Linked by Thom Holwerda on Mon 29th Apr 2013 16:27 UTC
PDAs, Cellphones, Wireless The Verge reviews the BlackBerry Q10: "Maybe you're here for the keyboard. As superb as the Q10's physical keyboard is, I keep thinking about the six-year evolution of the soft keyboard since the introduction of the original iPhone. They've gotten so good on every platform - iOS, Windows Phone, Android, even BlackBerry's own Z10. The argument used to be that physical keyboards were for serious users who needed to burn through email, and I just don't think that holds water anymore. Yes, this is the best of a dying breed, but for the life of me, I don't know why someone who's accustomed to a full-touch phone would come back to this." I disagree. Touchscreen keyboards have not improved considerably at all - in fact, I find them just as terrible and unpleasant to use as when they were first introduced on Palm OS and Windows Mobile. A properly designed hardware keyboard - preferably landscape (like on the E7), but portrait will do too - will always run circles around those frustrating software keyboards. Major respect to BlackBerry for sticking to their guns. To anyone making a quality phone with a landscape hardware keyboard (rebadge an E7 for all I care) running Android or Windows Phone: please, take my money. Please.
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RE: 1.6MB
by moxfyre on Tue 30th Apr 2013 15:33 UTC in reply to "1.6MB"
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I think you're right about physical keyboards Thom. There's no getting around the fact that you can't feel the edges of on-screen keys, no matter how many marvellous thumb twisting new layouts pop up.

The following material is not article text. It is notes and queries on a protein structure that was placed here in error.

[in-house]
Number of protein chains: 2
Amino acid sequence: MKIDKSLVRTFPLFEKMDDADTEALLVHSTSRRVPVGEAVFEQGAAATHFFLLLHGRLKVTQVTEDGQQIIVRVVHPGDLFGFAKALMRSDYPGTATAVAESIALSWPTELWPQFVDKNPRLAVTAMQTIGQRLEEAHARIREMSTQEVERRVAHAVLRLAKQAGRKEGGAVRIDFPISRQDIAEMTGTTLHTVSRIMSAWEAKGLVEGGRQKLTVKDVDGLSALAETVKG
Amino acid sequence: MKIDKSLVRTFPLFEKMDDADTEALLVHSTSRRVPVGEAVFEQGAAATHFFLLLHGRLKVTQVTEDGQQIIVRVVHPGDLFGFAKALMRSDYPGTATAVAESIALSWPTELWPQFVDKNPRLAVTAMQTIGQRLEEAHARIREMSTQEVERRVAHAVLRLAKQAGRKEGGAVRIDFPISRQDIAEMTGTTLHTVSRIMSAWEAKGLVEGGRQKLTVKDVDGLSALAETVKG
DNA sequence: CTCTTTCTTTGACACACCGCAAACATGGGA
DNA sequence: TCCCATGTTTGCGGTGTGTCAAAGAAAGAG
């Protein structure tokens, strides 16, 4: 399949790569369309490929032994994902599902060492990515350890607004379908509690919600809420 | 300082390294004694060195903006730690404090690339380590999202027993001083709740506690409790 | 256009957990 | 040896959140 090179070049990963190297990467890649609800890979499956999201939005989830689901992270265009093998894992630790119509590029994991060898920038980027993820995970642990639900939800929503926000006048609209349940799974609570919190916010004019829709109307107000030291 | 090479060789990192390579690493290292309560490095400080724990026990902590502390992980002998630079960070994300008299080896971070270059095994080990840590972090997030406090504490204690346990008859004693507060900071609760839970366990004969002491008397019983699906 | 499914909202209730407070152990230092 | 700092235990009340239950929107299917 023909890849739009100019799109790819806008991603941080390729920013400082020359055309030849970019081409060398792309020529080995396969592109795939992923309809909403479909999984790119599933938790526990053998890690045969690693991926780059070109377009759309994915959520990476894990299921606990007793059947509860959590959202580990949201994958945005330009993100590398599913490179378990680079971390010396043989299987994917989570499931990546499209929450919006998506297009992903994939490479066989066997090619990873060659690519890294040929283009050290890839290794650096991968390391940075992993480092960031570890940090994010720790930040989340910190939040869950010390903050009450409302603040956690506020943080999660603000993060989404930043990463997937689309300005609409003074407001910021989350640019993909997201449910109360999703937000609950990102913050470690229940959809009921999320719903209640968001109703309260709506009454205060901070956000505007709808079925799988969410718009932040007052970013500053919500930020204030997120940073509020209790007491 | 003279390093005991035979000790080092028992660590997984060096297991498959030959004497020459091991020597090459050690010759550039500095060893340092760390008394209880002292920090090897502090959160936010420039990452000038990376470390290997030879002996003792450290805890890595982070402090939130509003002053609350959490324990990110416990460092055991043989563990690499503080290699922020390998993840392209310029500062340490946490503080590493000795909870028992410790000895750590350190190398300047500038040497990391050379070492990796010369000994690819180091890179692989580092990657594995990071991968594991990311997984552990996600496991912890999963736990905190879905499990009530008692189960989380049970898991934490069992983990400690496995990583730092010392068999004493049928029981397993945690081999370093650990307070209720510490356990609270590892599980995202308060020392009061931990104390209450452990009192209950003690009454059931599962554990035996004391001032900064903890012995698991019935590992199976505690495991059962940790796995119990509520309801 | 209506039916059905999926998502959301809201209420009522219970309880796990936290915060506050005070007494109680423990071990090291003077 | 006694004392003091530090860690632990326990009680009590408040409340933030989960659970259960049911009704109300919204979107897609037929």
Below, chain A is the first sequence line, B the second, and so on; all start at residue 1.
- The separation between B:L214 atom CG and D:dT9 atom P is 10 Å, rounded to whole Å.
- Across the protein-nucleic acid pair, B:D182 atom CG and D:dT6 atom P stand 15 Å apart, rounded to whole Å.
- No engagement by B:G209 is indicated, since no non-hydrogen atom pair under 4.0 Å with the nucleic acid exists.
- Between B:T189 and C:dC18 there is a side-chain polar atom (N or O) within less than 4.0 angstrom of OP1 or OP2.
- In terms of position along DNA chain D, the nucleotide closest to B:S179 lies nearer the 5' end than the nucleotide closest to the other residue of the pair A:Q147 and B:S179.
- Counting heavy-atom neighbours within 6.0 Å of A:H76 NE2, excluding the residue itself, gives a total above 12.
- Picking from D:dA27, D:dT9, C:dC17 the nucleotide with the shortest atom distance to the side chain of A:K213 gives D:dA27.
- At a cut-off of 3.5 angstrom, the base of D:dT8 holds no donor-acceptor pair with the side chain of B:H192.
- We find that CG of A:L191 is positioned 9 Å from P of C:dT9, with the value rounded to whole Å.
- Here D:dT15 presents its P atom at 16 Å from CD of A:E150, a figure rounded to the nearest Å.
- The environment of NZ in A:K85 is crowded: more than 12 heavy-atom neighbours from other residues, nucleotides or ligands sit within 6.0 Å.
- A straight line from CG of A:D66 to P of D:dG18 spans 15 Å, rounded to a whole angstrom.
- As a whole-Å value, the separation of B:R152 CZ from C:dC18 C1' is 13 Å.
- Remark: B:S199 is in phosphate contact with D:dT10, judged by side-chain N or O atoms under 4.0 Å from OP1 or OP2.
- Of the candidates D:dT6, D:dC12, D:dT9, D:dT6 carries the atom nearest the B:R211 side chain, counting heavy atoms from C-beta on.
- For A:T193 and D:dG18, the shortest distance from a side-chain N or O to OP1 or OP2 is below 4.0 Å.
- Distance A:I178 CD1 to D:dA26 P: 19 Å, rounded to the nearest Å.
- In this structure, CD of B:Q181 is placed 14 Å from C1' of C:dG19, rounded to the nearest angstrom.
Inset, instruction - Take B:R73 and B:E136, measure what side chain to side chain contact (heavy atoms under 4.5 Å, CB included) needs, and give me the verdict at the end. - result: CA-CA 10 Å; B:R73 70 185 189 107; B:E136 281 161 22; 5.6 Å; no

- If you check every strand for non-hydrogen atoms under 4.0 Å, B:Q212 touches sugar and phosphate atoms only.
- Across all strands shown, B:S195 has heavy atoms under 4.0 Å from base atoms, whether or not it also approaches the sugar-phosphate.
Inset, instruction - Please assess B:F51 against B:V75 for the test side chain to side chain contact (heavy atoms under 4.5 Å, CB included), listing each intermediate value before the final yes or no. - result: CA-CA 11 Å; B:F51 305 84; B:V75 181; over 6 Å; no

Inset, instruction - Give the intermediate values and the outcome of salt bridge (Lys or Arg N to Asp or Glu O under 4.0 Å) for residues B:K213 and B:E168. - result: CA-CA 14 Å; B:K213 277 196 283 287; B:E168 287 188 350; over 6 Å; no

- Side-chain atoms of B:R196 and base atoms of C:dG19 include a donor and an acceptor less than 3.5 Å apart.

This was my feeling until recently, as well.

My current phone is the Samsung Epic 4G (Sprint's Galaxy S derivative) with a landscape slider keyboard, running CM10.1, preceded by the Samsung Moment with a similar landscape slider. For a long time, I found the slider keyboards indispensable for composing longer emails and typing in difficult URLs.

However, in the last few months I find that I hardly use the slider keyboard at all. Swype got so good that I am now much faster and more accurate at entering any kind of text with it, and then Android Jelly Bean came along with its own gestural keyboard which is just as good, more tightly integrated with the OS, and offers more languages.

Honestly, I don't think I'll ever look for a phone with a physical keyboard again. At this point, it just takes up space and weight and I don't feel any lingering need for it.

Edited 2013-04-30 15:34 UTC

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